The fluctuating popularity of Hammer’s gothic horror films, 1957-1976

Searle, Joshua (2013) The fluctuating popularity of Hammer’s gothic horror films, 1957-1976. BA dissertation, University of Portsmouth.

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    This dissertation examines Hammer studios’ gothic horror films that were released in Britain between 1957 and 1976 in order to deduce why, in the studio’s earliest years, they were so popular and then why, in the later years, their popularity declined.
    The first chapter examines the fluctuating financial state of the British and American film industries, the state of censorship in Britain, and Hammer’s astute sense of organisation, especially their securing of Bray Studios. Along the way it will show how all of these components were crucial to their early success. After this, chapter two will place the films within their social and cultural contexts by using oral history interviews to recapture why people went to see them. The results show how Hammer’s ability to offer a sense of taboo was absolutely central to their success with a predominantly young audience. By the end of the second chapter, though, it is time to carefully shift the focus onto the films themselves, all the while maintaining the analysis of audience members’ testimonies. Accordingly, the third section will show how Hammer – with huge help from key personalities Terence Fisher, Peter Cushing and Christopher Lee – managed to forge a distinct visual style. One that, due to the influence of television and what was discussed in the previous two chapters, lent the studio a huge cinematic edge. In conjunction, the three chapters illustrate how Hammer’s rise and fall was always governed by a complex set of historical circumstances, so it is impossible to privilege any one factor. On a broader note, the dissertation reaffirms oral history as a research method into cinema taste, and strengthens the need for historians to remember that people enjoy horror fiction for a huge array of reasons.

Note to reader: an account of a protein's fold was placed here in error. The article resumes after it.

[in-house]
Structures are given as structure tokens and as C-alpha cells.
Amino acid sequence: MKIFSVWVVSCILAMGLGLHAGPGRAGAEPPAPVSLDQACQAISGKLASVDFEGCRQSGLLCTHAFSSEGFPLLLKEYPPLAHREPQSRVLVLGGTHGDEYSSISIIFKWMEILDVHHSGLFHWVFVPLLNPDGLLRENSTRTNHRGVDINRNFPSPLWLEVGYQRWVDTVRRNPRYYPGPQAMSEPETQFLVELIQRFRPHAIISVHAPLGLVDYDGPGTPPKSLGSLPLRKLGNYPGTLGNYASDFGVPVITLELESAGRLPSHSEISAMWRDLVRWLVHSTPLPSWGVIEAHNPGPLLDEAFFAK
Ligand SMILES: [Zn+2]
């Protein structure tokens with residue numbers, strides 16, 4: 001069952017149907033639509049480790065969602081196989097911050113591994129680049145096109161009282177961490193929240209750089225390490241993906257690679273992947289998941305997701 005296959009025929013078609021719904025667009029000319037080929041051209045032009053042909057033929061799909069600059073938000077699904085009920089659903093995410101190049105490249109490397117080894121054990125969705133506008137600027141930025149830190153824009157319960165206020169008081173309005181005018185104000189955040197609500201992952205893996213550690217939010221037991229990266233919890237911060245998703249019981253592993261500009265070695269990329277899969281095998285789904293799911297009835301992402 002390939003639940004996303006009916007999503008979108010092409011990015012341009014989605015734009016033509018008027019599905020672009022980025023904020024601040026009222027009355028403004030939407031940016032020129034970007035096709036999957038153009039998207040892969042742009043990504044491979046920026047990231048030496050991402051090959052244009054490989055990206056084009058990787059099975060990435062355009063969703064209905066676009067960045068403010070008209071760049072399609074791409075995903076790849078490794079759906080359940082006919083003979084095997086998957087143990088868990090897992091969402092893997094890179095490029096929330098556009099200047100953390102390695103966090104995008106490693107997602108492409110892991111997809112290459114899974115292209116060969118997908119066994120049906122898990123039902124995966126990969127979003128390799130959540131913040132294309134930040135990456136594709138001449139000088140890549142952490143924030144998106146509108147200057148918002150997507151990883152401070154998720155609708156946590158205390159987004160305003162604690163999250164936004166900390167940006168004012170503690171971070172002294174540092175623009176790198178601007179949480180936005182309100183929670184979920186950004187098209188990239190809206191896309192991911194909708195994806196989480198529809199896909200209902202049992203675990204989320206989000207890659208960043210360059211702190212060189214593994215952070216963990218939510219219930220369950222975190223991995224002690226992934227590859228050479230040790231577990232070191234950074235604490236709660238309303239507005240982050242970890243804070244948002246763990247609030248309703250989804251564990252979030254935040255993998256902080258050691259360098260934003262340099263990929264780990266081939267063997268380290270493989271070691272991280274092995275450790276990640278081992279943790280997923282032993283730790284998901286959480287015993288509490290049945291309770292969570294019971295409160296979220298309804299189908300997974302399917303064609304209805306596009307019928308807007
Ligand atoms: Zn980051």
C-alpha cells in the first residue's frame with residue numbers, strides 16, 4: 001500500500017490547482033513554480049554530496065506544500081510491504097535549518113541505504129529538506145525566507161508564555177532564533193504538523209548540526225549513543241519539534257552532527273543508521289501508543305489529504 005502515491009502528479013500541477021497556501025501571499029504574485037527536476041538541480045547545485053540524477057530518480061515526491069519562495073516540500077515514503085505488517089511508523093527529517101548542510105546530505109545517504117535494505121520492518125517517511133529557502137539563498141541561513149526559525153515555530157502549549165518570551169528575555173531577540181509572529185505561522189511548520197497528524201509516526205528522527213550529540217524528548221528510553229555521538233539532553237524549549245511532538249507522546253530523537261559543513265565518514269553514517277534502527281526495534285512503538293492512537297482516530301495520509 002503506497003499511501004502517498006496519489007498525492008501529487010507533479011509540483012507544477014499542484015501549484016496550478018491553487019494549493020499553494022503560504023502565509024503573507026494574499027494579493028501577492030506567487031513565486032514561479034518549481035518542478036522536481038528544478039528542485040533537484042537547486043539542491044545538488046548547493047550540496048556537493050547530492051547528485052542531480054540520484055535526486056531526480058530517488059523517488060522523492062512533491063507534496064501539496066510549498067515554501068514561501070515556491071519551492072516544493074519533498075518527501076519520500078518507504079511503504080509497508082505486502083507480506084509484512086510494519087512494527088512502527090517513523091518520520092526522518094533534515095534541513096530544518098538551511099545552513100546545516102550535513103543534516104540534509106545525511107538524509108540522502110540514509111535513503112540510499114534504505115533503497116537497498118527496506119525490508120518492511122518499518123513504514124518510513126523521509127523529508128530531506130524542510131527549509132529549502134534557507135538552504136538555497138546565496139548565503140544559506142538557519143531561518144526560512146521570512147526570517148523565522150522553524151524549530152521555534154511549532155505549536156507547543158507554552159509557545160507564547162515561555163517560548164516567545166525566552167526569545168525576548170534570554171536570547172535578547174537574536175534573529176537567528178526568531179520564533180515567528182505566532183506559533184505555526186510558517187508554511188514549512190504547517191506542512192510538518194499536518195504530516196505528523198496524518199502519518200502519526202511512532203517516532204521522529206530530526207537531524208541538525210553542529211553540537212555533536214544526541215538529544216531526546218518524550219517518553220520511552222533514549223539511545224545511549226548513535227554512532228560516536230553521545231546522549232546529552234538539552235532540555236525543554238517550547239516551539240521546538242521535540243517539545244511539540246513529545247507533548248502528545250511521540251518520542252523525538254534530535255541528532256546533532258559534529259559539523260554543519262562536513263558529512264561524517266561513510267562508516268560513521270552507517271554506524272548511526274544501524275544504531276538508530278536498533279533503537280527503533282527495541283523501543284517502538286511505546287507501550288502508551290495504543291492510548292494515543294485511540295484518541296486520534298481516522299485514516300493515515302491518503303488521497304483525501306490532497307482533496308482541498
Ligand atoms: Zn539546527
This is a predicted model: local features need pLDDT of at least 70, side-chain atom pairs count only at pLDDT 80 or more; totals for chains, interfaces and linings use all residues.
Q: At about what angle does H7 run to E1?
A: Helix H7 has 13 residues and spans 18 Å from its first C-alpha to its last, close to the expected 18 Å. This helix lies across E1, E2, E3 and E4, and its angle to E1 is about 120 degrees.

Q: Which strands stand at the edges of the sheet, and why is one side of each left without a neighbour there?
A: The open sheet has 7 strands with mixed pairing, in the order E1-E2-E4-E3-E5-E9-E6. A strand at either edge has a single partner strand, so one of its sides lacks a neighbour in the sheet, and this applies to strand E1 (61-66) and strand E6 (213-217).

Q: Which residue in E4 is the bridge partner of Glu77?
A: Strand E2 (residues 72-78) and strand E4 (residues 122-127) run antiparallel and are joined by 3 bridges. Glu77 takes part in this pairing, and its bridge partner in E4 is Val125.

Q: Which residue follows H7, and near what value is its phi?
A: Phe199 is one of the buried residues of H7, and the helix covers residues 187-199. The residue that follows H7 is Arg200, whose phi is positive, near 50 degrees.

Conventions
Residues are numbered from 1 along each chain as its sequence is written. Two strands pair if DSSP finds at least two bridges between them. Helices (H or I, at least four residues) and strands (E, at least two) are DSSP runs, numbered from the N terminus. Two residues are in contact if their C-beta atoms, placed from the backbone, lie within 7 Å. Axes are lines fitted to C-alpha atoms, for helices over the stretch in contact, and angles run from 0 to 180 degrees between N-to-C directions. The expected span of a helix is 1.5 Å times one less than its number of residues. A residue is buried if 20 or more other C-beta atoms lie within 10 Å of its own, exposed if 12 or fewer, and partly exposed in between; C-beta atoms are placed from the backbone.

As there is very little primary audience-response source material, this study of Hammer has had to cast its methodological net widely. Thankfully, there exists a large number of primary materials – traditional, text-based sources like film industry journals and interviews with key Hammer personnel – and an extensive set of secondary material that will be constantly used throughout. But, because of the lack of reception material available, the second and third chapters will utilise oral history in order to place the studio within its proper context.

    Item Type: Dissertation
    Departments/Research Groups: Faculty of Humanities and Social Sciences > School of Social, Historical and Literary Studies
    Depositing User: Jane Polwin
    Date Deposited: 29 Aug 2013 14:05
    Last Modified: 28 Jan 2015 12:28

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